Most importantly, especially during these volatile times where entire profit margins on a project can be wiped out in a matter of weeks, professional builders have a far better understanding of their company financials than at any time in history.
This trend will ultimately lead to a more robust, financially sound industry with significantly less building company failures than we have previously experienced, although it should be noted that there will be more closures in the short term as the events of 2021 catch up with builders in 2022.
As 2021 unfolded one thing became very clear, inflation was out of the bag and would continue to increase in 2022 posing a challenge that business owners have not had to deal with for the last 10 years.
While rising material costs make the task of accurately estimating projects almost impossible, they can be covered by allowances and in most cases, cost escalation clauses.
Beware of the 'silent tax'
However, the effect of the ‘silent tax’ on fixed costs can blindside building companies that fail to plan and budget correctly leading to frustration and disappointment at the end of the financial year when net profit is completely swallowed up by rising operating costs.
At the start of 2022, inflation had hit 7% in the United States. The trend is likely to continue upwards until interest rates are increased, at which point it is likely that demand for new homes will start to drop.
With professional builders running more concurrent projects than ever before in 2021, it was good to see them utilising dedicated project management software to manage the process efficiently.
In 2021, 64.8% of building companies ran their projects using specialist construction software rather than relying on spreadsheets, pen and paper, or even their memory compared to just 33.6% of building companies in 2020.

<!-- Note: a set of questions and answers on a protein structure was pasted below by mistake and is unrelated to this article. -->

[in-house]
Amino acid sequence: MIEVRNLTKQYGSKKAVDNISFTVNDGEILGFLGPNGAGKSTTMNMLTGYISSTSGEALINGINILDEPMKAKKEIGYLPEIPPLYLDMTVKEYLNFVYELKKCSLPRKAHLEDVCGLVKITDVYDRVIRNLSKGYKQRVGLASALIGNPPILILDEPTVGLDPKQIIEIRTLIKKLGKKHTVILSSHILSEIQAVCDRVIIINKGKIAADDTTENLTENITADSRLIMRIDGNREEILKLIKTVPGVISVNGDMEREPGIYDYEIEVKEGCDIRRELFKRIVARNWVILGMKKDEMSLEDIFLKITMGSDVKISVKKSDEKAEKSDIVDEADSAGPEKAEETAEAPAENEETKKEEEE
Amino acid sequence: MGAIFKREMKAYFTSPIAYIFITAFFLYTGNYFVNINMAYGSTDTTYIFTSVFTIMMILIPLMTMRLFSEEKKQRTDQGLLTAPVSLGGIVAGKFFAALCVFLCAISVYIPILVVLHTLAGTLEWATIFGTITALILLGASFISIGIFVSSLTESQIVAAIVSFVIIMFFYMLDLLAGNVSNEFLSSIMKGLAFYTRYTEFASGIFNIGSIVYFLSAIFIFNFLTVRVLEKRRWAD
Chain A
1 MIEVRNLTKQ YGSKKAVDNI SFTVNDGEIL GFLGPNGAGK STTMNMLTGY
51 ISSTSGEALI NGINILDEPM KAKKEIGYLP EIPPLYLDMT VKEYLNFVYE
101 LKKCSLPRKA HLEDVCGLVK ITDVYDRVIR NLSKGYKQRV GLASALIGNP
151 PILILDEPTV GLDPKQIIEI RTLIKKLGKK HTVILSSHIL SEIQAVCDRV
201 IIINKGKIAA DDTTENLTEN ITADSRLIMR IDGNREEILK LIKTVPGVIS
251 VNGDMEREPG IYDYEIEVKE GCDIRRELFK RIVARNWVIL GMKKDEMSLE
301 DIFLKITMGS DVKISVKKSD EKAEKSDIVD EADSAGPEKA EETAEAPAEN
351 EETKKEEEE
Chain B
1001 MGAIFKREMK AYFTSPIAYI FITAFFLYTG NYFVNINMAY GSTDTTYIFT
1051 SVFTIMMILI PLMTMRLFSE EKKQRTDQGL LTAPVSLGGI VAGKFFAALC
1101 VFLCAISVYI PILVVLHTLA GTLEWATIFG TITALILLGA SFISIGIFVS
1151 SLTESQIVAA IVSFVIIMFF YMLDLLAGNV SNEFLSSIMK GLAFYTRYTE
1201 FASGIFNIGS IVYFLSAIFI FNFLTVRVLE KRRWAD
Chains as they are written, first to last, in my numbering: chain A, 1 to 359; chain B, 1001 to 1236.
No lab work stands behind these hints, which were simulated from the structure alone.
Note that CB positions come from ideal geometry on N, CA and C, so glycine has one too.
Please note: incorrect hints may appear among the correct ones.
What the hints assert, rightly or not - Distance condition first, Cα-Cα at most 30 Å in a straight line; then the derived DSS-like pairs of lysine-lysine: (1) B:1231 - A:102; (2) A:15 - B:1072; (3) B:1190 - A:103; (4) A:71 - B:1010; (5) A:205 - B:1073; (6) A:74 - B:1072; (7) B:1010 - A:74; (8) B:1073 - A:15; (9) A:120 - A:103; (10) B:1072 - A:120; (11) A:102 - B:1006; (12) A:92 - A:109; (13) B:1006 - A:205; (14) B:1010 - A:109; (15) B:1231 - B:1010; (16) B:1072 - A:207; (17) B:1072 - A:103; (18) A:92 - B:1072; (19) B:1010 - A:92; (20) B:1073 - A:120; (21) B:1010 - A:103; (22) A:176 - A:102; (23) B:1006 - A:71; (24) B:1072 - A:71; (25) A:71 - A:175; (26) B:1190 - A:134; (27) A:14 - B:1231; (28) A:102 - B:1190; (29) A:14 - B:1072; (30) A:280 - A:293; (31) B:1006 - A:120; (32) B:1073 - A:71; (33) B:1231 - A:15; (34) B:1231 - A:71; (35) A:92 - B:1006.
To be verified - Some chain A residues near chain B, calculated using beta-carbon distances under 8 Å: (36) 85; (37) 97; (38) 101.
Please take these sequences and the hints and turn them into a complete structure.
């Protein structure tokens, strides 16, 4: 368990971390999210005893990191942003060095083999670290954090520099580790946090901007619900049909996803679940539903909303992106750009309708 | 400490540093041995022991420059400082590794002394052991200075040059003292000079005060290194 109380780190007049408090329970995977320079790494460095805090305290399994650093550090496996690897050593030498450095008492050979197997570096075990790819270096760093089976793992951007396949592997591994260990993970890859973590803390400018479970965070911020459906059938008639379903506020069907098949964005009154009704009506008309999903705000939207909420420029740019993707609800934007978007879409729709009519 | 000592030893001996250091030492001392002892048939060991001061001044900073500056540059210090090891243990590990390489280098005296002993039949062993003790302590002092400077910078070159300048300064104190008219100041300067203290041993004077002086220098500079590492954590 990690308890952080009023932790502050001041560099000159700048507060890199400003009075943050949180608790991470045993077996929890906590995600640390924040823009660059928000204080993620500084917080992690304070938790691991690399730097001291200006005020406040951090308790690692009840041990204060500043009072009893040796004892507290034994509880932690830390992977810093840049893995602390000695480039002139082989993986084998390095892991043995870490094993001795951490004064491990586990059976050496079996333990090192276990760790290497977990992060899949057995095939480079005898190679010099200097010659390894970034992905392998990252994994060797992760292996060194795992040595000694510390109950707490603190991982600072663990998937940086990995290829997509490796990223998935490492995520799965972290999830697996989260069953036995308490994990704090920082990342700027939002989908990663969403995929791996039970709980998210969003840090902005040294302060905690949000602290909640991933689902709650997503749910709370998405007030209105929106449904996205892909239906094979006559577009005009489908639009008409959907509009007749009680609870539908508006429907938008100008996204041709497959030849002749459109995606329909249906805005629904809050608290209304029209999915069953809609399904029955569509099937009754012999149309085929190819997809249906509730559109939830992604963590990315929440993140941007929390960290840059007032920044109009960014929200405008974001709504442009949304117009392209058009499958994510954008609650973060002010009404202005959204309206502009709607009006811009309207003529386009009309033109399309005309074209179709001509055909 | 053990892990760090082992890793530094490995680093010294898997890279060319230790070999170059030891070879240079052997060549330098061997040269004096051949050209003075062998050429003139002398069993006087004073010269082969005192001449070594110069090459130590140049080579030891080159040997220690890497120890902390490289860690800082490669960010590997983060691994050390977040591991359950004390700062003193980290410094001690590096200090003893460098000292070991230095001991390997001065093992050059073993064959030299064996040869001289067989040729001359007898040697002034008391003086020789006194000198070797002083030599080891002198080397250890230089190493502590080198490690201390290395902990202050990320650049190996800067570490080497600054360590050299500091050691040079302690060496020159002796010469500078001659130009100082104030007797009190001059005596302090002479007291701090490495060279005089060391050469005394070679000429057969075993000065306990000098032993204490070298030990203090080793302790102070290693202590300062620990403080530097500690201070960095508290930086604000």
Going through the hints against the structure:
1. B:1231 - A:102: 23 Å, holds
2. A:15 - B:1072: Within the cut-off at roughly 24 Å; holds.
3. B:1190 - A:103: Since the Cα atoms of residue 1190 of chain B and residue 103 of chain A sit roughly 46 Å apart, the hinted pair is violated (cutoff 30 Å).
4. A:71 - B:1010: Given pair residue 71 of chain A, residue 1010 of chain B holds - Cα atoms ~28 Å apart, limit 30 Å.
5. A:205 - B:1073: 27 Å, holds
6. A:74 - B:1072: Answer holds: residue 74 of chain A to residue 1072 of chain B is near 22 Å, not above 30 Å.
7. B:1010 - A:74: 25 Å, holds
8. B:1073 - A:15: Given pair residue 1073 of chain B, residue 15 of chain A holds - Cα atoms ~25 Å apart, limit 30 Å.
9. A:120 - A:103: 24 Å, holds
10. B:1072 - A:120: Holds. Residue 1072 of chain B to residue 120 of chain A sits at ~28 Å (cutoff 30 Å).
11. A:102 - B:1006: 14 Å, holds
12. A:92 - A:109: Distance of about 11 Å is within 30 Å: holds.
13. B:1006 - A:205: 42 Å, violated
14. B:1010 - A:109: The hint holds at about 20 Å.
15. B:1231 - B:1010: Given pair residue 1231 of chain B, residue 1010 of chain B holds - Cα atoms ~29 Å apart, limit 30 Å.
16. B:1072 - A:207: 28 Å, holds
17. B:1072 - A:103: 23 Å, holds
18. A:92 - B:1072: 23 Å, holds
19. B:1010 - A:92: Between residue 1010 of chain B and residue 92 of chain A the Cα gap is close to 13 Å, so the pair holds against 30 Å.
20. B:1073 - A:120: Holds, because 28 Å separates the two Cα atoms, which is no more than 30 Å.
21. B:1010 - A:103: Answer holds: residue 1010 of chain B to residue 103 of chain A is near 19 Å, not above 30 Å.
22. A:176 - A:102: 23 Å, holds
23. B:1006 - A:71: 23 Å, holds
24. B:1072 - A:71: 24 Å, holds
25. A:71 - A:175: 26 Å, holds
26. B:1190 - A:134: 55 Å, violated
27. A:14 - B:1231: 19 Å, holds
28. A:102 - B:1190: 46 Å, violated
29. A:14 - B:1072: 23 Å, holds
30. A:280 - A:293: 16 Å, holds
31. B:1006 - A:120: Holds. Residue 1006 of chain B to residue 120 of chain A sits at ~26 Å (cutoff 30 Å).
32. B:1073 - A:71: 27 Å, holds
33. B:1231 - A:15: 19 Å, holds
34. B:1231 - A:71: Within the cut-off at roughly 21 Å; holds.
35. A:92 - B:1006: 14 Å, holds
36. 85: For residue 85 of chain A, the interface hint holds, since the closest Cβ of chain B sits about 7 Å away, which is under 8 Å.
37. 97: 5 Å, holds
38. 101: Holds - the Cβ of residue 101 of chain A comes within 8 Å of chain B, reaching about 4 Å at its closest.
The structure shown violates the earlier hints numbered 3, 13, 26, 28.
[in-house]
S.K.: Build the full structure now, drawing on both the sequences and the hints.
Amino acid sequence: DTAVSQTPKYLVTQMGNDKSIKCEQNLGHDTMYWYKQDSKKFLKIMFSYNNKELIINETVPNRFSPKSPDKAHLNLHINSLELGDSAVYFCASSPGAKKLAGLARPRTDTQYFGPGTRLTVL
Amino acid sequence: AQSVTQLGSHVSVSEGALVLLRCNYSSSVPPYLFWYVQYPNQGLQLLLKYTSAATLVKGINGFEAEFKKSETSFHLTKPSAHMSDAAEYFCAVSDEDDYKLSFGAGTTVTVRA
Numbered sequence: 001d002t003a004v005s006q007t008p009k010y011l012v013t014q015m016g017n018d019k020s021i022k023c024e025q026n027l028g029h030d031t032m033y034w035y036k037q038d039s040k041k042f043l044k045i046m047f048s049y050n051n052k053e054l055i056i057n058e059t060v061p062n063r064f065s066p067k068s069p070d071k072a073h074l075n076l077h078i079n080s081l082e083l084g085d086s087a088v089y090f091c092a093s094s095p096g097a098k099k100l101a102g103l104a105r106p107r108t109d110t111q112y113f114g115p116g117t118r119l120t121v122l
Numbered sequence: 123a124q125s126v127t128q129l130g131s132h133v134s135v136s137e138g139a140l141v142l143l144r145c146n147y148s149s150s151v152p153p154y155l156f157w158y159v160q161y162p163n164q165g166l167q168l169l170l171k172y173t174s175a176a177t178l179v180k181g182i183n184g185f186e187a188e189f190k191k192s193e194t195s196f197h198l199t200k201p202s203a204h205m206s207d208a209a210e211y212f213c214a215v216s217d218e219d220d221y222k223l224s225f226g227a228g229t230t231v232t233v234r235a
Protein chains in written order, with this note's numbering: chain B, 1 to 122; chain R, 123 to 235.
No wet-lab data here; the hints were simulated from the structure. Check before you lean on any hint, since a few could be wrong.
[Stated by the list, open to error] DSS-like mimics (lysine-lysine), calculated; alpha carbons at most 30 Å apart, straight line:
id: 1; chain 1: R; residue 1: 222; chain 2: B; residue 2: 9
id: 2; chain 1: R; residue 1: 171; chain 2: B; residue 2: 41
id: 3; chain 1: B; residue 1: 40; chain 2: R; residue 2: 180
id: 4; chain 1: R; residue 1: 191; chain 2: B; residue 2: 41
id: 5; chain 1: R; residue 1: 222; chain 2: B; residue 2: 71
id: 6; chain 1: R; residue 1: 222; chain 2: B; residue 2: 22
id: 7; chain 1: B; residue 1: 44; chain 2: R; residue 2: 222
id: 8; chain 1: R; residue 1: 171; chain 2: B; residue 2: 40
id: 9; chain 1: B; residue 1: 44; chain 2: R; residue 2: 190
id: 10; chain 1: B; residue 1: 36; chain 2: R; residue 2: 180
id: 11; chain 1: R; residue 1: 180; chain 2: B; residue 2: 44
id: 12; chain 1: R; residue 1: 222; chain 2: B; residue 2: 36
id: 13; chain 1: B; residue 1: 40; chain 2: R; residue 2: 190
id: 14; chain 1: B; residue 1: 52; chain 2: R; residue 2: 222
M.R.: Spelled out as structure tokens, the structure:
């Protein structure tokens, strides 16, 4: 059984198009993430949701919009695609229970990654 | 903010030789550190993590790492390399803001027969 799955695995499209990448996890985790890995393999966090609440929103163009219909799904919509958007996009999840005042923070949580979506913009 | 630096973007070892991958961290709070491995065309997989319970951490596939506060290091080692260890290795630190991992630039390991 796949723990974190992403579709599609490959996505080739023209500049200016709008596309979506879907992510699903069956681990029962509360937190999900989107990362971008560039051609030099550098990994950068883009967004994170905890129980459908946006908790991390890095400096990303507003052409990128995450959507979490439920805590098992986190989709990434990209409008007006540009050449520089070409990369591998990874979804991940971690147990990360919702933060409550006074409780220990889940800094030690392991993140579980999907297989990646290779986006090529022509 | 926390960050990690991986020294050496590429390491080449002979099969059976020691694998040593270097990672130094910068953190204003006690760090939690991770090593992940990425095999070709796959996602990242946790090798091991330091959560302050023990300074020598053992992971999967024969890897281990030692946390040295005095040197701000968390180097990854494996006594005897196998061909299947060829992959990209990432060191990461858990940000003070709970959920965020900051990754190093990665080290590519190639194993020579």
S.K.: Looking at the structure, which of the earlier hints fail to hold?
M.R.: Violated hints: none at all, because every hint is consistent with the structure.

This is an incredible change in the industry and one that clearly demonstrates the determination of professional builders to deliver a better service to their clients.
Margins are linked to marketing
APB is always emphasising to its members that margins are linked to marketing. Something that was clearly underlined in the data collected in the SORCI 2022 report where it showed that the building companies that spent less than 1% of their revenue on marketing had the lowest margins.
The reason for this is the law of supply and demand. Builders that have more demand than they can service are able to pick and choose their clients as well as hold a stronger negotiating position during contract negotiations.
Conversely, builders that do not invest in generating more demand for their services end up clinging on to every opportunity, which results in them not only compromising their margins, but also dealing with the consumers who are only interested in finding the cheapest quote.
Another signal that the industry is becoming more professional year on year was the revelation that almost half (49.1%) of all residential builders now calculate their fixed costs, per job, per day, which is 43.1% more than in 2020.
The builders that calculate this figure have a clearer understanding of the true cost of every delay, allowing them to ‘price in’ the real cost of change orders and contract variations to clients, as well as understanding the real cost to the project for subcontractor ‘no shows’.
Understanding this figure also assists builders with pricing their jobs as they have a thorough understanding of their break-even point on every job and the importance of maintaining, or even increasing, their margins on larger projects rather than succumbing to the lure of cash flow.
To uncover more insights from the 720+ builders from the United States, Australia, Canada and New Zealand who took part in the 2021 State of Residential Construction Industry survey, click the link below to download your FREE copy of the report.
Inside you’ll find industry insights that can help you to benchmark your building company against your competitors!